Professor Chester W. Douglass’ seven-figure donation to the Harvard School of Dental Medicine came four years before the school launched an investigation into his academic conduct, and had no effect on the review’s conclusion, the school’s spokesman, John Lacey, said yesterday.
Douglass donated around $1 million to the dental school in 2001, Lacey confirmed, four years before the Washington-based Environmental Working Group filed a complaint alleging that Douglass had committed “serious misrepresentations of research results.”
The Environmental Working Group accused Douglass in 2005 of ignoring one of his students’ research when he published a study that found no increased risk of bone cancer in young boys who drink fluoridated water.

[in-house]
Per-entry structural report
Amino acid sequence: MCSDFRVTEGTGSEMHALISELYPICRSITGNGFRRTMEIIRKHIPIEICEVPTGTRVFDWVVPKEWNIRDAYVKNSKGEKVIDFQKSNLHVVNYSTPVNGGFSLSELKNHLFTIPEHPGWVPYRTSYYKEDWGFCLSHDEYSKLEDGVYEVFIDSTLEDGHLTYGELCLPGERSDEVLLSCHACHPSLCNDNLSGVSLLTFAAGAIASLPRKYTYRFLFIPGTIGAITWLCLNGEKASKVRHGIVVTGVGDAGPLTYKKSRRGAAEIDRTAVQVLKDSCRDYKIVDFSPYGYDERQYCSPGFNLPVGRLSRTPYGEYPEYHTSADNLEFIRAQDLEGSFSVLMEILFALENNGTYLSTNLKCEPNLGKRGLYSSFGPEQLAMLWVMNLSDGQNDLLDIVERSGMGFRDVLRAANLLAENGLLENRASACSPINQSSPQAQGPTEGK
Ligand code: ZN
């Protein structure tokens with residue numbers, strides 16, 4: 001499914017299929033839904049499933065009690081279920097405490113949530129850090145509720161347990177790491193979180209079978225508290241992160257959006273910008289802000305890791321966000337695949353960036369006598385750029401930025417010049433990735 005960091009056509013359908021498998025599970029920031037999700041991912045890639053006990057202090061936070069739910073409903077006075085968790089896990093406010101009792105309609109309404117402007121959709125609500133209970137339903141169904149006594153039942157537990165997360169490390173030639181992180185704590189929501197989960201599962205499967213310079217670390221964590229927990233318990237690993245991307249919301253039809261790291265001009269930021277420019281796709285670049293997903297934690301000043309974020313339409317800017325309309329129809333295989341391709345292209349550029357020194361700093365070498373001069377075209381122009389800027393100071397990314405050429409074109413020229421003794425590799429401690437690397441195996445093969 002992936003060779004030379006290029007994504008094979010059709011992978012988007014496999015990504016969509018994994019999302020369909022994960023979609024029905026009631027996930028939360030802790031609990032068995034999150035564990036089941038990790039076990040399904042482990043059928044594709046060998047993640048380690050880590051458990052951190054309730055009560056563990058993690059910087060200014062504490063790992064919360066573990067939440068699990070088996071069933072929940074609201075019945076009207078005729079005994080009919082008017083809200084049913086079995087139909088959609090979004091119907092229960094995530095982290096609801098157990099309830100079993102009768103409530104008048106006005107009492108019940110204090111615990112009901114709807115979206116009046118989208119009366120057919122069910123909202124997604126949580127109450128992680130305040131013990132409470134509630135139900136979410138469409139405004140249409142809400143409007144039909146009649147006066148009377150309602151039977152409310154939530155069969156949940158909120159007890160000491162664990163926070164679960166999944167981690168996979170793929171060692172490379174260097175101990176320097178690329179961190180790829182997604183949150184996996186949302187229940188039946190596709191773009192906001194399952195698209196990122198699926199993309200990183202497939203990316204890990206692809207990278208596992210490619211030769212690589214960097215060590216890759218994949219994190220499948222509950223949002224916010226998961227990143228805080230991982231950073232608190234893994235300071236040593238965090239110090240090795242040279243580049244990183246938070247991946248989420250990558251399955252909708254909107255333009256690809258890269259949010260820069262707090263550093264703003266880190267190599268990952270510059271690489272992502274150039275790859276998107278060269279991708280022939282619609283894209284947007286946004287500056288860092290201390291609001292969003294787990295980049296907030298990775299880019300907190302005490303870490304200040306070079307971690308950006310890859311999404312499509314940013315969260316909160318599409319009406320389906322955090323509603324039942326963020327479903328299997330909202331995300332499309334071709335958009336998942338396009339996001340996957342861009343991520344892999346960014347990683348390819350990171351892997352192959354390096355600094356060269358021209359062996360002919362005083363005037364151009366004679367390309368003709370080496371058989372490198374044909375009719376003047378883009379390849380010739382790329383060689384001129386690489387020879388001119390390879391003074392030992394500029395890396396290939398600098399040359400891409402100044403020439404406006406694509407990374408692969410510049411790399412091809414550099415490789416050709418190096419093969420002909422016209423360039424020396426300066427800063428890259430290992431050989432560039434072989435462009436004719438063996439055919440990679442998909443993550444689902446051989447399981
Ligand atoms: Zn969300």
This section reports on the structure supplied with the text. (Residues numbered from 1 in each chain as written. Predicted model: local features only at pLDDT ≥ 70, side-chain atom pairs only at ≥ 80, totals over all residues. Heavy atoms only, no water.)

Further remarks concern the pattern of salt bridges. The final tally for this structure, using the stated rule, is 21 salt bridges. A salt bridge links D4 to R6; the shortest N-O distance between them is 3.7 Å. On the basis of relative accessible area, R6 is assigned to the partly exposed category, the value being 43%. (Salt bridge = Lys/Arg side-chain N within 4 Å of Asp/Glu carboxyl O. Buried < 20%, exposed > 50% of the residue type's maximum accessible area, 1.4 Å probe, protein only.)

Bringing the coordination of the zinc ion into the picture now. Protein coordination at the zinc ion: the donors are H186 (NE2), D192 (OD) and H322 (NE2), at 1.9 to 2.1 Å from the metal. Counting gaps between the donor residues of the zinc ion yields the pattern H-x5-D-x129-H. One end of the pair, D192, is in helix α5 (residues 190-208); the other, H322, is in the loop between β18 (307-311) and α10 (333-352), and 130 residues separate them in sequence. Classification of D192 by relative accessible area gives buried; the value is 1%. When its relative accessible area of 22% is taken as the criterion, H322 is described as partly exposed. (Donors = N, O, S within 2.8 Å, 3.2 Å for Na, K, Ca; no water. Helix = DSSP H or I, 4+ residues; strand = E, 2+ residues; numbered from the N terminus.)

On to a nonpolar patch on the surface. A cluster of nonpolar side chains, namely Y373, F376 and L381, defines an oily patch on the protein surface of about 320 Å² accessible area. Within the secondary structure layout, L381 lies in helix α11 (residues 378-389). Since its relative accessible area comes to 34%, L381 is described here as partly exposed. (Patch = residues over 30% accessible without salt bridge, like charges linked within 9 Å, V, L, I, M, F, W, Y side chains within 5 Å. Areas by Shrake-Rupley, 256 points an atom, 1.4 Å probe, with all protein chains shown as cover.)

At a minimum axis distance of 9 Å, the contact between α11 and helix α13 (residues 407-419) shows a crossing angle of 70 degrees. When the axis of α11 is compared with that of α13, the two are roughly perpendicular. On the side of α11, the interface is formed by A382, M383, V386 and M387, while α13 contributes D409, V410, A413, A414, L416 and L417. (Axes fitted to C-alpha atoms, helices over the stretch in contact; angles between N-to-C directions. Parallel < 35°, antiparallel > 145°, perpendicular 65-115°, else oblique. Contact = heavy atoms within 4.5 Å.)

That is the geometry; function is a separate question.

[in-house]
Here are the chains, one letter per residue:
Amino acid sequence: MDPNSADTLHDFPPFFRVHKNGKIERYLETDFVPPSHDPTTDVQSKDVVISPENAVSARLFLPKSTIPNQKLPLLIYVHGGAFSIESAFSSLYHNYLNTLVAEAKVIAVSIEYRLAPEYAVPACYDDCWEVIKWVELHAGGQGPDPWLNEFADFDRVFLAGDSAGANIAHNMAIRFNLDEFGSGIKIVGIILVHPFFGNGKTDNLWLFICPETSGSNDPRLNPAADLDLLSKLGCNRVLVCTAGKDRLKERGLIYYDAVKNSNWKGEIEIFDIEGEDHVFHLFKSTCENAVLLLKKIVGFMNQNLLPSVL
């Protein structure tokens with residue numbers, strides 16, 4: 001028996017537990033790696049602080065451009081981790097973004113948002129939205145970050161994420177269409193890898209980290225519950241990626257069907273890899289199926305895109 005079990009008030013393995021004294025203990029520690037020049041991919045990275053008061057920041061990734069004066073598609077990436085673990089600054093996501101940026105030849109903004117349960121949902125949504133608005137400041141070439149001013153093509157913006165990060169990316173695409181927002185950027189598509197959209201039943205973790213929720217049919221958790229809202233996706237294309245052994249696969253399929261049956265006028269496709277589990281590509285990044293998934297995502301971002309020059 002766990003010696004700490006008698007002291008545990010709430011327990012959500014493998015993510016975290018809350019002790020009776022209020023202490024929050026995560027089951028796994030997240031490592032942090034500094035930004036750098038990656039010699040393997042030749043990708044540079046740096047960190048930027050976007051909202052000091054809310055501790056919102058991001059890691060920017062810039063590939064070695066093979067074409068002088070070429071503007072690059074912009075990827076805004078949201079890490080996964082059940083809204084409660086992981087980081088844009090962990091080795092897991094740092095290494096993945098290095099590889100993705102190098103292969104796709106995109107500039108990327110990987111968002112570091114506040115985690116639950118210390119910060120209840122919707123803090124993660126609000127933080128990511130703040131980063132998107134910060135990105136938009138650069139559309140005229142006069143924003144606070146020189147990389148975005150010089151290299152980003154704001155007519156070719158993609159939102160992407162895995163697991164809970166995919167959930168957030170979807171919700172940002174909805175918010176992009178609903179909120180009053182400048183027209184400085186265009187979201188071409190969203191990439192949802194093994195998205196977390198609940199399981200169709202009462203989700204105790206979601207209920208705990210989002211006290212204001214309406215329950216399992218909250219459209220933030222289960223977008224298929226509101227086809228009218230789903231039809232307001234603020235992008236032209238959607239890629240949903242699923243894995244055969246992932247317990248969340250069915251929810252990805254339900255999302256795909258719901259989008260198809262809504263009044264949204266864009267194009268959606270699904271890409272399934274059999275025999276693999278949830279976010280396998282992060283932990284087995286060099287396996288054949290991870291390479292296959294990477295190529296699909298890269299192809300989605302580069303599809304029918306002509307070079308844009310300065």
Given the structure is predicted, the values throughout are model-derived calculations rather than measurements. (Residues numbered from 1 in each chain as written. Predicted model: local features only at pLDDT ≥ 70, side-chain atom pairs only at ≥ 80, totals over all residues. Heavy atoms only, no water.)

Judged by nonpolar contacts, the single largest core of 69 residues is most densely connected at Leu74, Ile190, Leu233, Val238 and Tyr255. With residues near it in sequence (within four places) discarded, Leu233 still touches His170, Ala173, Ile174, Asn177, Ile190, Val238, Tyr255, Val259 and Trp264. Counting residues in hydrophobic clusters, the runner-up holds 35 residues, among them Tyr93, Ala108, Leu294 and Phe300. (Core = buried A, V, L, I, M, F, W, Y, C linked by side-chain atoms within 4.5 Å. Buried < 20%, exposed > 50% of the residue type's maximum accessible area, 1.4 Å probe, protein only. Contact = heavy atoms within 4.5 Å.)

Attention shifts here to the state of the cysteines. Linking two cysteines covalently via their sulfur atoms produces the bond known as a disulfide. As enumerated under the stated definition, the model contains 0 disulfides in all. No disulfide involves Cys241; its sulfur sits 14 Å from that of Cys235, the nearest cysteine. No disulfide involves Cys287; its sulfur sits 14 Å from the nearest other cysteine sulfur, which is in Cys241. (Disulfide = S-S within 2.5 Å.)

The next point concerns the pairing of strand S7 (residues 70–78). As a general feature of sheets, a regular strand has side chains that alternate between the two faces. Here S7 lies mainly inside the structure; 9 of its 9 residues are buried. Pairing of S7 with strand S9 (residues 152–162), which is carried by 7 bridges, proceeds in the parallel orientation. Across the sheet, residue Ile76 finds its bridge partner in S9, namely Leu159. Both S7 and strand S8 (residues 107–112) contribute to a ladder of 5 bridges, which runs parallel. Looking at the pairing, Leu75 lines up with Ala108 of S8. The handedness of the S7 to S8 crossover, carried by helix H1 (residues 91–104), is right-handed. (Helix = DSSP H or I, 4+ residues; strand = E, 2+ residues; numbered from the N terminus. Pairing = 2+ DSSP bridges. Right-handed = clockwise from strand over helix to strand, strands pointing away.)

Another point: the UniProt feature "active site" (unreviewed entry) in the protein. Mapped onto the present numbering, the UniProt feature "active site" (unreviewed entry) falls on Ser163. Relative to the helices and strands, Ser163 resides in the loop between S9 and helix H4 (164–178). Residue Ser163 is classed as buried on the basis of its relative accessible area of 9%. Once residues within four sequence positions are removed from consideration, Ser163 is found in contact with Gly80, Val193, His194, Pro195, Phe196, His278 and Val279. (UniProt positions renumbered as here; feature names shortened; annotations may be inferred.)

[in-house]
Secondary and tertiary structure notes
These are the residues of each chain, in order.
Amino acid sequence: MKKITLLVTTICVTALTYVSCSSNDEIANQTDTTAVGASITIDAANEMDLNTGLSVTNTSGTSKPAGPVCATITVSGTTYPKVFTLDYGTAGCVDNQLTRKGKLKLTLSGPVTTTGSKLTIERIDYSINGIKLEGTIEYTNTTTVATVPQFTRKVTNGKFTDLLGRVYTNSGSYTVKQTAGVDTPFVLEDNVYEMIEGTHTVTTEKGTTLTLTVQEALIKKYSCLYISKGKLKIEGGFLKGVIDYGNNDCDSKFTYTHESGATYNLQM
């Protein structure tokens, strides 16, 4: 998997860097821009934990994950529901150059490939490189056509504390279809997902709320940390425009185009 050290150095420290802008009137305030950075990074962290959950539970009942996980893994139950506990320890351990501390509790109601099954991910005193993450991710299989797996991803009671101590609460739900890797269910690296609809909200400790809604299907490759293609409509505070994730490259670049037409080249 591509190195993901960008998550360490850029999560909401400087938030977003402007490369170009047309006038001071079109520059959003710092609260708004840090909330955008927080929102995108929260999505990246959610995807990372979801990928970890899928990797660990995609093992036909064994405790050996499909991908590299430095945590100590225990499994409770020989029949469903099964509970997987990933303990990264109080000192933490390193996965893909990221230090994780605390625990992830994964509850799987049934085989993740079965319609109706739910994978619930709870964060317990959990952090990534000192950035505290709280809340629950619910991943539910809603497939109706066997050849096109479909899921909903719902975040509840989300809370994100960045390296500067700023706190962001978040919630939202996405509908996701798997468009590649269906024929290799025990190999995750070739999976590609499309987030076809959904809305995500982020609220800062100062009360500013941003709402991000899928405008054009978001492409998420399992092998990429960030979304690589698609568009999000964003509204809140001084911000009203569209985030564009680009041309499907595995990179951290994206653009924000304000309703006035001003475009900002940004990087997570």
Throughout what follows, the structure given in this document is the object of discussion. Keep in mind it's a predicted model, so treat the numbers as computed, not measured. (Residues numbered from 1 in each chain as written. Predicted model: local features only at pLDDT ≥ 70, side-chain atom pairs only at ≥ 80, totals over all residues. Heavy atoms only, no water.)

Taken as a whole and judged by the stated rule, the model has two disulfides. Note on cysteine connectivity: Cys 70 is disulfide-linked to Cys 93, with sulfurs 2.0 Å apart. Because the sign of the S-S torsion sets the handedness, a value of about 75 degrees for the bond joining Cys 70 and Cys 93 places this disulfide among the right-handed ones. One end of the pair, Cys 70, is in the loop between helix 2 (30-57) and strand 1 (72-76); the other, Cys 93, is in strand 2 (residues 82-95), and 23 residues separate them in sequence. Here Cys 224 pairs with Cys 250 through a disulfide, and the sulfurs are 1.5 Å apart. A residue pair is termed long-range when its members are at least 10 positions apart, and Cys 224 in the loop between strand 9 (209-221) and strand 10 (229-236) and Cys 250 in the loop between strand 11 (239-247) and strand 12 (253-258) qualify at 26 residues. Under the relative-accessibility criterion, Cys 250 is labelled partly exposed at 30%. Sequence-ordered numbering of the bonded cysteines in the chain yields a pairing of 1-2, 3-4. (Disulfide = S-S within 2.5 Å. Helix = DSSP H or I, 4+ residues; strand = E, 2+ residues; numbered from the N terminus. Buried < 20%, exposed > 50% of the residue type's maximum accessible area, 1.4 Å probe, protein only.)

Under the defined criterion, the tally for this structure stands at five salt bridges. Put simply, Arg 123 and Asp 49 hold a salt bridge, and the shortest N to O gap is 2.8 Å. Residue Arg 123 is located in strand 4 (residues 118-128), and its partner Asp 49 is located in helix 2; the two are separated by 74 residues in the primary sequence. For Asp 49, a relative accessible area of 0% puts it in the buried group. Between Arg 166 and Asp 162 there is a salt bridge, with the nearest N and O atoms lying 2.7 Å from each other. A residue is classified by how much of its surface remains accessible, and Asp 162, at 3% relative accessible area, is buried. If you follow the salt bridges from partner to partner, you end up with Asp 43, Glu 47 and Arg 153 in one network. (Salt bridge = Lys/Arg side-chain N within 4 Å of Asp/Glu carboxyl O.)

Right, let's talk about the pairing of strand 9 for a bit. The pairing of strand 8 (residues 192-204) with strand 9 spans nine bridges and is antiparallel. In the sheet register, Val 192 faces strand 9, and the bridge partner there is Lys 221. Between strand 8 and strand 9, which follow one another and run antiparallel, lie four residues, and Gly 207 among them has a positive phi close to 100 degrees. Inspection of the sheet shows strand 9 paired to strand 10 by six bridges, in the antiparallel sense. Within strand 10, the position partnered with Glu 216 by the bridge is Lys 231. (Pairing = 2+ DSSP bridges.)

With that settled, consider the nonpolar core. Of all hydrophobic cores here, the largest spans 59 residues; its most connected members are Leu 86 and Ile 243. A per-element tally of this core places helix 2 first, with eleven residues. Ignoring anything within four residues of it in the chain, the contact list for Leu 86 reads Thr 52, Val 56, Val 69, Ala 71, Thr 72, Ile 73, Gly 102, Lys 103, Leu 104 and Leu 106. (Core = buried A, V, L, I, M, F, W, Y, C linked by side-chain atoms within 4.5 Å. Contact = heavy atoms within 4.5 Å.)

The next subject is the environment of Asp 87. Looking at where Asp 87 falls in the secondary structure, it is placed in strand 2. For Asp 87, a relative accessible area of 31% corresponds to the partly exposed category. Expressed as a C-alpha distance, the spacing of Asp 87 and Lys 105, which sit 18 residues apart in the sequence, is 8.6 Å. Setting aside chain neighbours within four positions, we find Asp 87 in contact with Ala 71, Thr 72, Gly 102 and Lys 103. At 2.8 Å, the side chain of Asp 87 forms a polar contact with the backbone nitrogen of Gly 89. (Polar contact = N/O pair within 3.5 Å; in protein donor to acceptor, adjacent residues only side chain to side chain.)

The investigation was launched in 2005 and was conducted by two separate committees made up largely of faculty members not affiliated with the dental school, Lacey said in a statement.
Lacey said that each committee determined independently that Douglass had not intentionally suppressed his student’s findings, and that his position as editor of a Colgate-sponsored dental newsletter was not a conflict of interest.
“The committees came to the conclusion after a year of thoughtful and detailed work and were influenced only by the facts of the review,” Lacey said.
He also said that the review had been conducted with appropriate transparency.
“The complete misconduct review record was sent to the Office for Research Integrity, the federal office with oversight in these matters,” Lacey said. “[They] determined independently that no further investigation was warranted.”